• Context for labour migration to New Zealand

    Immigration has been a driving force in the development of New Zealand throughout its history and the country has one of the largest immigration flows in the OECD. Partly because of the longstanding and significant immigration flows, the demographic outlook for New Zealand is much more favourable than in most other OECD countries. Apart from demographic projections, relatively little is known about the extent and evolution of labour shortages in New Zealand. That notwithstanding, compared with most other OECD countries, New Zealand has rich data and research about labour migration, a large part of which is publicly accessible.

  • International students and temporary labour migration to New Zealand

    Temporary labour migration is the main means of entry for labour migrants into New Zealand, and has expanded massively since the late 1990s to stand at the highest level in the OECD, relative to its population. Currently, the single largest component of temporary flows is comprised of Working Holiday Schemes. Traditionally, the main category of admission for temporary labour migration has been the Essential Skills visa, which is intended for migrants who fill jobs for which no New Zealander or permanent resident is available. To ensure that priority is given to the domestic workforce while swiftly responding to employer needs, New Zealand has a rather elaborate system. A further important component of temporary flows is international students, who are not considered labour migrants but have some work rights. The bulk of temporary flows goes into low-skilled occupations, mainly through the Working Holiday Schemes and international students. Both of these are largely unmanaged, and there is little oversight of their working conditions.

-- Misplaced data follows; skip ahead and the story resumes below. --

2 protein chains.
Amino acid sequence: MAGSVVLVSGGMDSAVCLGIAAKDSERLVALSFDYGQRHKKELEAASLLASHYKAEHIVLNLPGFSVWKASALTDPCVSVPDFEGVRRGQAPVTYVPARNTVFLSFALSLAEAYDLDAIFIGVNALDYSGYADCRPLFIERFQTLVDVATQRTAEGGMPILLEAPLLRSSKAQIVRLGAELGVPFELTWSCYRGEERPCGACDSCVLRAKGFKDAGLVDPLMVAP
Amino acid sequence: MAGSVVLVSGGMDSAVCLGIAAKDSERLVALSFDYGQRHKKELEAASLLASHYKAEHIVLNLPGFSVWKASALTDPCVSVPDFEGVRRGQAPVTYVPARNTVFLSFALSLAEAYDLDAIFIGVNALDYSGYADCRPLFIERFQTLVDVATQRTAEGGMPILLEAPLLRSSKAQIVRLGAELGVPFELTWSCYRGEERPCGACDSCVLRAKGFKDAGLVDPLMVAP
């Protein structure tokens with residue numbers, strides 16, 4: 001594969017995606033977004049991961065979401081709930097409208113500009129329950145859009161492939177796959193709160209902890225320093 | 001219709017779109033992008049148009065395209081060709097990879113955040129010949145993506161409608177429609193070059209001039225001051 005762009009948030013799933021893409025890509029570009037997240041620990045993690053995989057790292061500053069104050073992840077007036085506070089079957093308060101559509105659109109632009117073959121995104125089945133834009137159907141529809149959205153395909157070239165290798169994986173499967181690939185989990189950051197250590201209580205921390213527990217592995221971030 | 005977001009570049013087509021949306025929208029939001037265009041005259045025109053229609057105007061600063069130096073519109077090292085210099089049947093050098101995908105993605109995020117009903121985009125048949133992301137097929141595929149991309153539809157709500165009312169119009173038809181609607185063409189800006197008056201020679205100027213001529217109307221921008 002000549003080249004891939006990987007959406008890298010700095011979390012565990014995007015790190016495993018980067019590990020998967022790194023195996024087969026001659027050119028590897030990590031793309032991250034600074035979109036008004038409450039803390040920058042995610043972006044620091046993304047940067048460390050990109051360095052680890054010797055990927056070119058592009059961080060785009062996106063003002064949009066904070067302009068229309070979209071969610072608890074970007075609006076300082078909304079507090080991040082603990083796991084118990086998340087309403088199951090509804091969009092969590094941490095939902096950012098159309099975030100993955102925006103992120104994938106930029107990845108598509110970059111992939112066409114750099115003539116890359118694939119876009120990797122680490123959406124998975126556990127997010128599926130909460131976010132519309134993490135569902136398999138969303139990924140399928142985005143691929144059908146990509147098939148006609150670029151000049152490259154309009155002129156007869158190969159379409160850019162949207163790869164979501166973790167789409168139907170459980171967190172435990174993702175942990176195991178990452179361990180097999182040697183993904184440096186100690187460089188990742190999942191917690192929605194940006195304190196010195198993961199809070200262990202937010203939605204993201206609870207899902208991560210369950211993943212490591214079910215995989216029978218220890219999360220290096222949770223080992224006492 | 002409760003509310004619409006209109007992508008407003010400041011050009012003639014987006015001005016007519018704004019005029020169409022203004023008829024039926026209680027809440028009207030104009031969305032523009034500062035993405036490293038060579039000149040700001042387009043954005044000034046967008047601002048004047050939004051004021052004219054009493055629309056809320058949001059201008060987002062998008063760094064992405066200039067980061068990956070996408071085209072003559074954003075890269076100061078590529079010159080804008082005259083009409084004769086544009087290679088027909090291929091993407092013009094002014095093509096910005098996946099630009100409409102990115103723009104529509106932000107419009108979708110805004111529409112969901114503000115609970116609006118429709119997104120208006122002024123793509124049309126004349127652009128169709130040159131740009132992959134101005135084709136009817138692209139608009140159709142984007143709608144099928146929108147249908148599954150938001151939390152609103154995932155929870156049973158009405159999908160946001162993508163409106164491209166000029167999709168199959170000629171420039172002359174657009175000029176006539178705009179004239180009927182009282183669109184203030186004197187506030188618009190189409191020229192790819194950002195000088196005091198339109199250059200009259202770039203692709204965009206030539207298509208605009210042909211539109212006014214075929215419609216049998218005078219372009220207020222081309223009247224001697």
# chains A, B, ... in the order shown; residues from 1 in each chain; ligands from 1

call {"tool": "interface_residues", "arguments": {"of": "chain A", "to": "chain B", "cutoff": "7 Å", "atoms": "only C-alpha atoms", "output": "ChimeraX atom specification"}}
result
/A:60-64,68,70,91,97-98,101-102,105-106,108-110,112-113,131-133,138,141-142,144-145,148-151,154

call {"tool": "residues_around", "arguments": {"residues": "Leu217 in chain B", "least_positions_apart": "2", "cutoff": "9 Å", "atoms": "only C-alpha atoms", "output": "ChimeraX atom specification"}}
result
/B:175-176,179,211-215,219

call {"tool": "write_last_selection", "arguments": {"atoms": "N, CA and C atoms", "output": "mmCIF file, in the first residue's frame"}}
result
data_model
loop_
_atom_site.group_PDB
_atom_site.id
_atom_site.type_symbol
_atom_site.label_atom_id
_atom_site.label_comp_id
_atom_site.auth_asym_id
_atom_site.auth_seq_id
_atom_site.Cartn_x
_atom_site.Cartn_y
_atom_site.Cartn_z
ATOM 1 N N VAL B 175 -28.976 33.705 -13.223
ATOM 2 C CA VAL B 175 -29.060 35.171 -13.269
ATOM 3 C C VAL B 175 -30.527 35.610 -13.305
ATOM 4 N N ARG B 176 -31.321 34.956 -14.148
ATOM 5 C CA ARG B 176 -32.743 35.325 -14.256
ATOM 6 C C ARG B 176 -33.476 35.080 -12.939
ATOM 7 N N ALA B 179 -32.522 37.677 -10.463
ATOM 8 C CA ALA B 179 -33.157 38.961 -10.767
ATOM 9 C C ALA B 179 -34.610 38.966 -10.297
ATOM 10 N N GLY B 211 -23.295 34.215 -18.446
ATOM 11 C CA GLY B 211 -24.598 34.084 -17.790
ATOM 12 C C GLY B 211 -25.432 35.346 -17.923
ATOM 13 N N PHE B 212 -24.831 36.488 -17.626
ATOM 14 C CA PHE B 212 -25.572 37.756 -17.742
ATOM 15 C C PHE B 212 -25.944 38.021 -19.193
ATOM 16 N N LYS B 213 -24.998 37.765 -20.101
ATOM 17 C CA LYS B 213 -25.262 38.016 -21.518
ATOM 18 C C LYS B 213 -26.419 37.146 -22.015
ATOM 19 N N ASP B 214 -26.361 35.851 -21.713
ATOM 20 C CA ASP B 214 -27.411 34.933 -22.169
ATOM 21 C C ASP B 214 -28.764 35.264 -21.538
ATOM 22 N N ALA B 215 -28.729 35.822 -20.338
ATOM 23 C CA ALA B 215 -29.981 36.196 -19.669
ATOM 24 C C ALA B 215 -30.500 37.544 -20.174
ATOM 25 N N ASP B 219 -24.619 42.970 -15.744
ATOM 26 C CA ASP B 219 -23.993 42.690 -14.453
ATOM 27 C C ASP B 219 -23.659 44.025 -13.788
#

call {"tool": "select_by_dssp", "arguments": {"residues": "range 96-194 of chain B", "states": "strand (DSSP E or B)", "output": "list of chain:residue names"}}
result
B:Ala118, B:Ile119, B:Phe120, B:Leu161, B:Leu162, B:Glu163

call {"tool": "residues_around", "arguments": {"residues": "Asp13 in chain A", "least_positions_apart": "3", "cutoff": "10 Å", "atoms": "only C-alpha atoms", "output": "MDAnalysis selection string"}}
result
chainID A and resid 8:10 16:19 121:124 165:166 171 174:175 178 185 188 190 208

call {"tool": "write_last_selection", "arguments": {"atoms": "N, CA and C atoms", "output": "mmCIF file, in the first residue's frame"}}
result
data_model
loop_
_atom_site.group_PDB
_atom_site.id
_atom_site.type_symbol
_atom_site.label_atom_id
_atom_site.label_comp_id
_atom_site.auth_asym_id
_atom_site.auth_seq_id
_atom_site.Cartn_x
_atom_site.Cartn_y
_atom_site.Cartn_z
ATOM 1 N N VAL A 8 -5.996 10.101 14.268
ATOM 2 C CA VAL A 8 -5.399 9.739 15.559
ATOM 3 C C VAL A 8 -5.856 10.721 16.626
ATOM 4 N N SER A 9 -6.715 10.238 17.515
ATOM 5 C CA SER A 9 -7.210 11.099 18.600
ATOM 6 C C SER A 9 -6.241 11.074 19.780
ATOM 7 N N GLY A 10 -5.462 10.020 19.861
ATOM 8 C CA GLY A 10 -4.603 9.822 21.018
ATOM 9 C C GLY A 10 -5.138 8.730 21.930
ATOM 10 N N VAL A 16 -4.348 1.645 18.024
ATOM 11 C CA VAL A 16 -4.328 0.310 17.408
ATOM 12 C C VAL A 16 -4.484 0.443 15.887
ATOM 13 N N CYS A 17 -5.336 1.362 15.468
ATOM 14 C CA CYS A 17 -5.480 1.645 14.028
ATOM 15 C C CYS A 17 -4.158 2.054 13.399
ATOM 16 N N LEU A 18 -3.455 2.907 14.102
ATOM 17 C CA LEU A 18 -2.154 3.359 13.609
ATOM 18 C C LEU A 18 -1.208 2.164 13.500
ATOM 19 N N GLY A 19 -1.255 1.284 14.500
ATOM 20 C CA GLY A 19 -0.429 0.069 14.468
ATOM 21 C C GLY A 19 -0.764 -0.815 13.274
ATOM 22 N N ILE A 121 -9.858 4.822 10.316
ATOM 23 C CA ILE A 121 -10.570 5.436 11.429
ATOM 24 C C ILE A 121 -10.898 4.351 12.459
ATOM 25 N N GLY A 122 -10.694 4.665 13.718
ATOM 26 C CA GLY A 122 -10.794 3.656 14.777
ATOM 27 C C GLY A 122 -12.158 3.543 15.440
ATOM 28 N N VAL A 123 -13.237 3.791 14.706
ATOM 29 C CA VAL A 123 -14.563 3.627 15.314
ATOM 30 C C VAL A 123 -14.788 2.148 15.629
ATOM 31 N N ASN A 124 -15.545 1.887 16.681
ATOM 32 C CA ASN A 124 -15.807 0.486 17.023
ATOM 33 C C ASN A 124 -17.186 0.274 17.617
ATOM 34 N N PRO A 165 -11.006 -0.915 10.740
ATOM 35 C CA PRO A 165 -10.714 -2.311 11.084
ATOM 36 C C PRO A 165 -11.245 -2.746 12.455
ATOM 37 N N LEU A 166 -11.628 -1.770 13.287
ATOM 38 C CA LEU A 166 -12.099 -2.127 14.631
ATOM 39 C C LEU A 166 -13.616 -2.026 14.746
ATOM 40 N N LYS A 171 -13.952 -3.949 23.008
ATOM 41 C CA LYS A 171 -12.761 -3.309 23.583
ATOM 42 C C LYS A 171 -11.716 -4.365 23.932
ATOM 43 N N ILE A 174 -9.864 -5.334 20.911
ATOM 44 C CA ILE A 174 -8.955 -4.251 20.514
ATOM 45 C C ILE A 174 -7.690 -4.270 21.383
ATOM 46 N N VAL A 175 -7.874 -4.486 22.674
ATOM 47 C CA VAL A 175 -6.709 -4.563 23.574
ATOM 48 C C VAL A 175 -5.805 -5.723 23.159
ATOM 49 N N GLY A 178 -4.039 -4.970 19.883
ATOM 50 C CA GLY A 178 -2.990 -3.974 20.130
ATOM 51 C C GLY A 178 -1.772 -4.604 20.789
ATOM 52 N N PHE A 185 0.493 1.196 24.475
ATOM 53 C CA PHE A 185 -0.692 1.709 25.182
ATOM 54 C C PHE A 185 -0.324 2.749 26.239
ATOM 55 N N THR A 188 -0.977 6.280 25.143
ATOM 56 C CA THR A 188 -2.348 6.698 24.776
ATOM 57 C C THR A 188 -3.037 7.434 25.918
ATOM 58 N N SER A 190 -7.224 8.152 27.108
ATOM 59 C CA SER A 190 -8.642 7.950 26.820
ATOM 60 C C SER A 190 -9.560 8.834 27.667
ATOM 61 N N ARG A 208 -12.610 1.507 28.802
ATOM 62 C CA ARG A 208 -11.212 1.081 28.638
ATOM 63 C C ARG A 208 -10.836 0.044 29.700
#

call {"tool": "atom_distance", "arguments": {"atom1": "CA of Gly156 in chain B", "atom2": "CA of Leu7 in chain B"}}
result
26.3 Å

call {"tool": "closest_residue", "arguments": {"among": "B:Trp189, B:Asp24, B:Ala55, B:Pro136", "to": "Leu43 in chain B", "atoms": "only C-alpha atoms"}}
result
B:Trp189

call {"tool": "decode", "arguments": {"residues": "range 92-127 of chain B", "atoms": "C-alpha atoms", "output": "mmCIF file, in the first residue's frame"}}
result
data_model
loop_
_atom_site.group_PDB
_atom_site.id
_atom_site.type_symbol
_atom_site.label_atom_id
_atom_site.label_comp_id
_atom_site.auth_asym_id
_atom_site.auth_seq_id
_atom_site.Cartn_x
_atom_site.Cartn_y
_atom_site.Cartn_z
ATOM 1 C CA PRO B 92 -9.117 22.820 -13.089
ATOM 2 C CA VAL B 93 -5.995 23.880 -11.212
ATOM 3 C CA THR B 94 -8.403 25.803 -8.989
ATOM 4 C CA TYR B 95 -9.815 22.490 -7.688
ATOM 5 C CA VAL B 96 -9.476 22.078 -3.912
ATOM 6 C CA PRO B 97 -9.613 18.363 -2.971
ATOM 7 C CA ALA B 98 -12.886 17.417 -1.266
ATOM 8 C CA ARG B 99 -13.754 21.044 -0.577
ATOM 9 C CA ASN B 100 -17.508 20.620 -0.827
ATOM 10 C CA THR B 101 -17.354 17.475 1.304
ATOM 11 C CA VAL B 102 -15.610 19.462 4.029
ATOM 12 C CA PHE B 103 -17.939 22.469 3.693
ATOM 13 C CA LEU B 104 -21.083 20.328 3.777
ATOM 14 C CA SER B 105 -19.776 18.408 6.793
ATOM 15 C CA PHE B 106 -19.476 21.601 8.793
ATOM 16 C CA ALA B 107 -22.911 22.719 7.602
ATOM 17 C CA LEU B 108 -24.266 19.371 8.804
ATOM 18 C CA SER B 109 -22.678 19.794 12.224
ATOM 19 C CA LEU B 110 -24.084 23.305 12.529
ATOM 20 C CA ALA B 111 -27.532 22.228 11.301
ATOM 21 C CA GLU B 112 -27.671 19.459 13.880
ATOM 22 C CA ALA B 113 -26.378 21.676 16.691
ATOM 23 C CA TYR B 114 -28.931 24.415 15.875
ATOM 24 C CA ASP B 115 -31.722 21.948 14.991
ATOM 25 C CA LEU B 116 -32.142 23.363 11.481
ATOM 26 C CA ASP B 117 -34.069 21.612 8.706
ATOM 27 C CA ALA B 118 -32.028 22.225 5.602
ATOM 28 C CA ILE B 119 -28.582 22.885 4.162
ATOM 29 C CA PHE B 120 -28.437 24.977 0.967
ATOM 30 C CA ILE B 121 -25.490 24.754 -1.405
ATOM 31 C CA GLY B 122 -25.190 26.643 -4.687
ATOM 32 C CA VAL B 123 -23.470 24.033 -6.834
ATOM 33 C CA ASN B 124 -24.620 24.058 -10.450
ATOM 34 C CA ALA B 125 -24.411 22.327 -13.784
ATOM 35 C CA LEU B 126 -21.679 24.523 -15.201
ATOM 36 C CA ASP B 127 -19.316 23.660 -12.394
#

• Permanent labour migration to New Zealand

    A distinguishing feature of permanent migration to New Zealand is that it predominantly concerns migrants who are already in New Zealand, most of whom have a job. This is mainly attributable to the fact that employment in a job considered as skilled or an offer of such weighs heavily in the points system that is used for the admission of permanent labour migrants. However, only a select set of occupations provide points, making it essentially an "all or nothing" approach. One option to be considered would be to provide more variation in the system, by giving some – albeit fewer – points also for work experience in New Zealand in lesser-skilled jobs. Adjustments in the points system should also be considered regarding English language knowledge, by rewarding higher levels.

  • The attraction to and retention of labour migrants in New Zealand

    In a system that is largely onshore-based and demand-driven, New Zealand’s capacity to attract labour migrants depends essentially on labour market conditions. There has been significant effort in recent years to better branding New Zealand abroad and informing migrants and employers about the possibilities available to them. A closely related issue is the retention of migrants. About 75% of the skilled migrants stay in New Zealand beyond the first five years of taking up residence. One factor that seems to encourage this relatively high retention rate is that most migrants who are selected for permanent migration have both already been in the country for some time before they are admitted as skilled migrants and are generally in an employment commensurate with their formal qualification level.